We Will Give This World Away

HOllyplasticBy Justin Mitchell

We Will Give This World Away, the second album from Holly & Plastic, will be released on June 20, 2014  at the Oshkosh Masonic Lodge as part of a full line-up of music including Christopher Gold, Mark Steven Hillstrom, Holly&Plastic, Sunday Flood and Self-Evident.

Holly & Plastic is the solo project of Oshkosh rock n roll staple Andrew Johnson.  We Will Give This World Away was recorded over the last four years both at Johnson’s home using low-fi cassette 4-track equipment and at Topsoil Studio with engineering and mixing assistance from Kyle Straveler.

Johnson, who is recognized for his work with indie rock bands Chinoski, Happy and the Haunted Heads, pursues a fully different sound with Holly & Plastic that brings the accoustic guitar and Johnson’s lyrics to the front.

“I suppose this is an acoustic based project,” explains Johnson. “The first Holly & Plastic album (Life After the Lie) almost went out of it’s way to be so. I think We Will Give This World Away does a better job of letting the song be the song it should be. If it’s going to be a raucous drowning in feedback, so be it. If a piano seems right, I’ll roll with that too.”

We Will Give This World Away opens with “Normal Nightmares”, a pop-punk piece that maintains of piece of the driving rock sound that is synonymous with Johnson, while subtely showing a glimpse of the lyrical folk direction the album is headed.  The melody and lyrics from the refrain have a catchy intrigue, which prompted a dozen or more listenings.   The song harnesses a straight-forward rock sound that harkens Dinosaur Jr’s Green Mind and the pure rock sound of Neil Young’s Mirror Ball.

The album promptly transitions into the acoustic guitar-led sound that dominates the album with “Sisters”, a raw, upbeat ballad that reveals a frustration and even anger through Johnson’s lyrics and vocals.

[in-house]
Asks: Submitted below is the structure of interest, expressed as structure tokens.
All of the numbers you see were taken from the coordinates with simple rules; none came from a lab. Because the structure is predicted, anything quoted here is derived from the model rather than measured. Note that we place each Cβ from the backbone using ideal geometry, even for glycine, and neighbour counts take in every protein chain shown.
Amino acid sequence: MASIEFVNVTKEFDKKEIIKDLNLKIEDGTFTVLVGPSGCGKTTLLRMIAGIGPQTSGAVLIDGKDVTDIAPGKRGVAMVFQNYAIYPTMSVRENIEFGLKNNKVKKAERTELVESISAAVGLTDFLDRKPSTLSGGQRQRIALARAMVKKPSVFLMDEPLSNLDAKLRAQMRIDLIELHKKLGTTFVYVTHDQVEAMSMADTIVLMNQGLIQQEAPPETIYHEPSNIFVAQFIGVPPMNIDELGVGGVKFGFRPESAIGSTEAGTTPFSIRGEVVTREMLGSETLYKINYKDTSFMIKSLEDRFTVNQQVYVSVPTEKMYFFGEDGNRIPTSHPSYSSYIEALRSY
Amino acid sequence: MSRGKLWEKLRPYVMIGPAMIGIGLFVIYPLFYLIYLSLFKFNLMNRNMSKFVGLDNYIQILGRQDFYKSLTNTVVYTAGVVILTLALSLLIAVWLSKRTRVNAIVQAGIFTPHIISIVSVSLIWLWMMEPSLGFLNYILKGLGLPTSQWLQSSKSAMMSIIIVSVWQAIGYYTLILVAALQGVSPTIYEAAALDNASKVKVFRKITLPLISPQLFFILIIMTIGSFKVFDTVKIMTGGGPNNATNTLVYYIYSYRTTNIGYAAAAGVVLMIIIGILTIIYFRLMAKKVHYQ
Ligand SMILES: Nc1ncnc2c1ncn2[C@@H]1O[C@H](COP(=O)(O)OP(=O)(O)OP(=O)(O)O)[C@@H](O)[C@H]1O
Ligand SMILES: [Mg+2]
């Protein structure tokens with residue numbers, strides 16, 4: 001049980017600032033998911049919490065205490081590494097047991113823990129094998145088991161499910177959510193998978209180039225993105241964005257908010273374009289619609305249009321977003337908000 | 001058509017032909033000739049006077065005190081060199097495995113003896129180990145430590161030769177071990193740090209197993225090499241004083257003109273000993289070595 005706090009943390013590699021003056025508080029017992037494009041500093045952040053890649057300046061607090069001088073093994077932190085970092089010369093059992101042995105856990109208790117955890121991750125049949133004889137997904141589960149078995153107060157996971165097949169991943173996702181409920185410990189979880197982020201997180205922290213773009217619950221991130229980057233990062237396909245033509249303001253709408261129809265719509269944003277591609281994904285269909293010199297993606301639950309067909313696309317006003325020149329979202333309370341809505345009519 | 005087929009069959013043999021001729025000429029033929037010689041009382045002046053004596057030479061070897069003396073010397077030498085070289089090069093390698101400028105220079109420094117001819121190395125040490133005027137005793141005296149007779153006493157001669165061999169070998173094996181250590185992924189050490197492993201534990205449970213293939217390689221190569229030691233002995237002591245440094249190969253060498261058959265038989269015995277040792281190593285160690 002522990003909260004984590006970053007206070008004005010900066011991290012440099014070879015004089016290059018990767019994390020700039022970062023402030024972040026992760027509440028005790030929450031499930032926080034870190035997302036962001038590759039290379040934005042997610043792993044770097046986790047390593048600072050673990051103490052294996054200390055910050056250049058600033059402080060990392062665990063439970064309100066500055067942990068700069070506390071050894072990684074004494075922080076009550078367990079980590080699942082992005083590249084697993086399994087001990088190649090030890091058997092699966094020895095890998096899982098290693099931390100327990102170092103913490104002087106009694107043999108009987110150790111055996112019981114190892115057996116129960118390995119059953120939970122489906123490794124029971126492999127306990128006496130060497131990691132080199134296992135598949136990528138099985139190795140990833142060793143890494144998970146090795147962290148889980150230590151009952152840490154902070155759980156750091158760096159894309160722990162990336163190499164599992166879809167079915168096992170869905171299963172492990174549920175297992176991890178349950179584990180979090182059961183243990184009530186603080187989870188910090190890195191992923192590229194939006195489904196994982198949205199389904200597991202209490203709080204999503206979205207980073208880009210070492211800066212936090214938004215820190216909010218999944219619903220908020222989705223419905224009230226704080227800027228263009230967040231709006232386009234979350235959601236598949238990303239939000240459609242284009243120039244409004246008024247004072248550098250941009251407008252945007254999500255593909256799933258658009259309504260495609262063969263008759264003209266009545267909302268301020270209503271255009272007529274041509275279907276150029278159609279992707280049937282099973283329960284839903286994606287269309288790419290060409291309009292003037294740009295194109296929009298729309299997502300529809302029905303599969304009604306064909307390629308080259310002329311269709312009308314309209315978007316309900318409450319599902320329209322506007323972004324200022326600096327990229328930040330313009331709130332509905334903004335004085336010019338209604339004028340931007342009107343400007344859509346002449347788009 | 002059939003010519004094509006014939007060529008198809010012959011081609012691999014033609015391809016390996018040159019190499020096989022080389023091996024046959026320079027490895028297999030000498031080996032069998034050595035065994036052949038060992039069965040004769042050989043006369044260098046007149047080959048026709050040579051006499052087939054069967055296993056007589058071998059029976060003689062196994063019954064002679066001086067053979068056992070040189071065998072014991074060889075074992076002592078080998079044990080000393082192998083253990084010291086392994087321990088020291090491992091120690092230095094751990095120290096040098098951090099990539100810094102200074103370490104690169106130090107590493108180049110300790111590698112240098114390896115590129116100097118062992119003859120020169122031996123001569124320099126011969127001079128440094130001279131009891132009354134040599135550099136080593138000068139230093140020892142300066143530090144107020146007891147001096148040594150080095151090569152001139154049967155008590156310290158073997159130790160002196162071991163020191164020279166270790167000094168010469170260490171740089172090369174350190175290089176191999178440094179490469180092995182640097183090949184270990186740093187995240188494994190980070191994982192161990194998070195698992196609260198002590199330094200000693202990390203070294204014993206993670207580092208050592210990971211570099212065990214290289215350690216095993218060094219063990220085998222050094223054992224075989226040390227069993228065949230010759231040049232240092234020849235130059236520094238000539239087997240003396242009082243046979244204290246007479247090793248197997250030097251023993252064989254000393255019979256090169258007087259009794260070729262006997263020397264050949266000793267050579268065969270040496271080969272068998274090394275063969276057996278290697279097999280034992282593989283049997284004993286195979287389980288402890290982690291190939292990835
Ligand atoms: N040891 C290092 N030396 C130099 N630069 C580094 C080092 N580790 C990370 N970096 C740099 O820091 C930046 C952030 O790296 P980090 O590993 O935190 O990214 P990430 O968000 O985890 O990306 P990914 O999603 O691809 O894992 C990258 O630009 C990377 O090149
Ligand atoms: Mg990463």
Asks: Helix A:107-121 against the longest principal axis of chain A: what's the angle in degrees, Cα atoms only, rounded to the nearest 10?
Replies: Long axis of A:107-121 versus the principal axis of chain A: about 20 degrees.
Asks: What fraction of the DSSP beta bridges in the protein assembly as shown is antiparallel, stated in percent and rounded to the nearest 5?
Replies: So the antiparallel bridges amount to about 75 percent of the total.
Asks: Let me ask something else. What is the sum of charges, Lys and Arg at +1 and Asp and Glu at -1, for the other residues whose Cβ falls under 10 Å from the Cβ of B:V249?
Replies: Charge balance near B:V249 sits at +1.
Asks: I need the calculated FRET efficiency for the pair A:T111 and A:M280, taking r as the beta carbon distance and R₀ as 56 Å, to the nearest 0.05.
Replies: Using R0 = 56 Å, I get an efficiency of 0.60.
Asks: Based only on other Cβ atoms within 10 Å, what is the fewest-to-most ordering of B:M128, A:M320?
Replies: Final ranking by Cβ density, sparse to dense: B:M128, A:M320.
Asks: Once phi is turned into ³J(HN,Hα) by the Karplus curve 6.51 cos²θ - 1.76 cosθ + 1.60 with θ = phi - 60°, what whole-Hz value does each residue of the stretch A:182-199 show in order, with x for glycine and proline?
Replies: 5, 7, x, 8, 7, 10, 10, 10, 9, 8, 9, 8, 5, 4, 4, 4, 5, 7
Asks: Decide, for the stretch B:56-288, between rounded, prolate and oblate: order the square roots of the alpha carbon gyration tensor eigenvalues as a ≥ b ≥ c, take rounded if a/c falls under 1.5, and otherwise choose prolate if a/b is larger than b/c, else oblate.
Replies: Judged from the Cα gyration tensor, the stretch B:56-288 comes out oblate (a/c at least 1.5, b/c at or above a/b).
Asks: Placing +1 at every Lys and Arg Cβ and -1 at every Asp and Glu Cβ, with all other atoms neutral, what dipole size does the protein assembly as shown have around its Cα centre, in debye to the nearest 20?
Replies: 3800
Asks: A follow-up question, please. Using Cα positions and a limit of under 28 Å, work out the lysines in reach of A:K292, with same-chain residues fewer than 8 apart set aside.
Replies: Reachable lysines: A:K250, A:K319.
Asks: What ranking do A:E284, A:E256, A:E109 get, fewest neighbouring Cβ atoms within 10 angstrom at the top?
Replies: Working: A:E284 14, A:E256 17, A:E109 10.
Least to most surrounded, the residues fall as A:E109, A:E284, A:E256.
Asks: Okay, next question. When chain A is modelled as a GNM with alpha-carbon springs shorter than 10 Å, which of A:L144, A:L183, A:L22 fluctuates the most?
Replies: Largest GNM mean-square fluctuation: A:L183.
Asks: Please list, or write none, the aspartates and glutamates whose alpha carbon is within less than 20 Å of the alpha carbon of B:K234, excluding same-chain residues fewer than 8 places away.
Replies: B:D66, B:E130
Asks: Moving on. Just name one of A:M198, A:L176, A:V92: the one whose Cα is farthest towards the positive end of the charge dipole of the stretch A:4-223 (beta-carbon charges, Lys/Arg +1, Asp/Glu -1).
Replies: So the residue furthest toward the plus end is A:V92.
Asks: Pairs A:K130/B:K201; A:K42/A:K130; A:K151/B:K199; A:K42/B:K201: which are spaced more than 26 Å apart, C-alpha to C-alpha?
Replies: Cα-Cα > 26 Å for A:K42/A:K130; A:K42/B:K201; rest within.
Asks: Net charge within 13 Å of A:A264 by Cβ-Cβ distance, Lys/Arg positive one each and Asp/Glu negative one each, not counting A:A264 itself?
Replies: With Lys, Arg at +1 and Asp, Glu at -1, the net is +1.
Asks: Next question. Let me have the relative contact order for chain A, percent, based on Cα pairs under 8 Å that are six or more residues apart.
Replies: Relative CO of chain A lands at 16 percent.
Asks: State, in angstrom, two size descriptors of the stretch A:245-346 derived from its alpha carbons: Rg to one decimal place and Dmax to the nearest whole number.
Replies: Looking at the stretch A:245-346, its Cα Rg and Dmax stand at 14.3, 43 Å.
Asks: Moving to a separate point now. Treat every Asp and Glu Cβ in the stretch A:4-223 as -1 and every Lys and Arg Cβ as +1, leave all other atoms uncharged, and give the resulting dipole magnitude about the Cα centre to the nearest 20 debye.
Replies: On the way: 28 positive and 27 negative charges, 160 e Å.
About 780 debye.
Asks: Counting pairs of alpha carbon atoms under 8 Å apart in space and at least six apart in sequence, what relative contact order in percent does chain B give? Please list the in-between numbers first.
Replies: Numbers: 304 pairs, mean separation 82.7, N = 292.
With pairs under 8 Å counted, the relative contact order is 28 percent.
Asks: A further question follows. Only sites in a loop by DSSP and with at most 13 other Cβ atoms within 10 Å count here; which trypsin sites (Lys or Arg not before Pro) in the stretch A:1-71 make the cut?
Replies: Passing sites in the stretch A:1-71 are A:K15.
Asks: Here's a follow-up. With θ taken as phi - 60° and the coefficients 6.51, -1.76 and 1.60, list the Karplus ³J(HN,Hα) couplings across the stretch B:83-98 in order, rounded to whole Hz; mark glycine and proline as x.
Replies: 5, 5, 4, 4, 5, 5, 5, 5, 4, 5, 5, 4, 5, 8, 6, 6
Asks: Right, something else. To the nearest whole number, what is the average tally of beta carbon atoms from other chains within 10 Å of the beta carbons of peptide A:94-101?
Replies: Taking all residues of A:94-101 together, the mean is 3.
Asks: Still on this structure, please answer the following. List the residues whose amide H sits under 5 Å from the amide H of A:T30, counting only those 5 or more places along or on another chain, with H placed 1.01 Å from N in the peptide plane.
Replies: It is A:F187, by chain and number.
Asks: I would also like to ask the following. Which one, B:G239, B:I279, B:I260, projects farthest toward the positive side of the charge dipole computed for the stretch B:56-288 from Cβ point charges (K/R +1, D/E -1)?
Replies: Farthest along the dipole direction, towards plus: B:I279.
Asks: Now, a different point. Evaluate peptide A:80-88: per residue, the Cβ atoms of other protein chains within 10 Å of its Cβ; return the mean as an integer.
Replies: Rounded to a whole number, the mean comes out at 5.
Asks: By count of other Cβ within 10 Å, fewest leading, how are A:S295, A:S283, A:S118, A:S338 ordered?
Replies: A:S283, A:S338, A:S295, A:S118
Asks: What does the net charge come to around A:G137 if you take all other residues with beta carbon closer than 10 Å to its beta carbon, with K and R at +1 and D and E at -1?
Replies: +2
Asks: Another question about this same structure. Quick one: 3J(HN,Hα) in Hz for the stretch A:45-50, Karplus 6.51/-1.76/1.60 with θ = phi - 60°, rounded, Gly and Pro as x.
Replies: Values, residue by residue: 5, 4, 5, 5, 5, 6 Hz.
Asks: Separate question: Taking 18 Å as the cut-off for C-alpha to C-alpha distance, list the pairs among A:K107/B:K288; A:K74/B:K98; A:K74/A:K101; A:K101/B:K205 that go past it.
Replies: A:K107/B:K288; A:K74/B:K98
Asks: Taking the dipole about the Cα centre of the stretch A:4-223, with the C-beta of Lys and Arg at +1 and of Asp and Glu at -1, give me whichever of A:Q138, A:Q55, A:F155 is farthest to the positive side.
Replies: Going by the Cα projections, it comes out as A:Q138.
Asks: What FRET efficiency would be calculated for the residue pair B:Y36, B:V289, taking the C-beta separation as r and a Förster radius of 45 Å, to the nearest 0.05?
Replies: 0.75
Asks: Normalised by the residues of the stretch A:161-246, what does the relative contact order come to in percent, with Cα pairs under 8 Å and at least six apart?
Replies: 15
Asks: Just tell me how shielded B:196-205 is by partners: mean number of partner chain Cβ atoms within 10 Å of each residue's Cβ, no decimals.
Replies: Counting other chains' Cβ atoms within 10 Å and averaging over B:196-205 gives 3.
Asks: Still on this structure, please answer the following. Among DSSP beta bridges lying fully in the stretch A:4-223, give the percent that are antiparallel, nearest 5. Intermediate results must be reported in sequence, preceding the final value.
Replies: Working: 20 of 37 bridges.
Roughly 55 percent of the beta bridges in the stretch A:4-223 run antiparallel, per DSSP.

When asked if the lyrics in Holly & Plastic take on a more central role than past work, Johnson replied, “The lyrics on We Will Give This World Away aren’t necessarily more poignant than past albums I’ve done… maybe the absence of the usual dissonance and volume I typically enjoy surrounding songs with gives the lyrics a fighting chance to rise above their counterparts. A running theme, like the title implies, of worry and frustration with those in positions of power and influence running a broken system however it best stacks the cards in their hands with almost complete disregard to people and planet, makes for good lyrical fodder.”

Track 3, “If I Were A Folksinger, Folksingers Would Laugh” reveals a more exposed side of Johnson’s music with an intro featuring a solo acoustic guitar line that is repeated in the song, serving as a home.  A soft and clean vocal line enters, sharing the prayer of the protagonist, who is troubled and uncertain.  A distorted electric guitar harmony enters as the song ventures shortly into a minor key, providing a slight dissonance that effectively accompanies the lyrics while highlighting the friction between the relaxed and contented acoustic guitar and disconcerting lyrics.

The music on We Will Give This World Away was crafted using a process Johnson describes as organized with spontanoutiy and happy accidents.

“I like to come into the studio with lyrics, melody and an acoustic guitar part,” says Johnson. “Everything else is flushed out spontaneously on that day. It’s been a very satisfying way to record these songs. When you allow yourself no ceiling or floor and just trust your ears, the song itself starts to have a say in the matter.”

Johnson continues: “Happy accidents, like the tape loop at the end of “If I Were a Folksinger”, 4-track limitations, your mood that particular day, all help dictate the outcome. It’s 180 (degrees) off compared to most of the “traditional band” albums I’ve been a part of. Although I must say, that would be an incredible way to approach a Haunted Heads record!”

We Will Give This World Away is a considerable addition the catelog of Oshkosh / Fox Valley area music, a scene which Johnson has been at the forefront of for nearly 25 years.  The album offers a well-conceived original sound that incorporates creative lyrical composition and strong song writing skills that is blended together with Johnson’s mastery of song production. ν

Justin Mitchell is editor of the Oshkosh Scene, and last played a show with Andrew almost ten years ago.  Maybe it is time soon.


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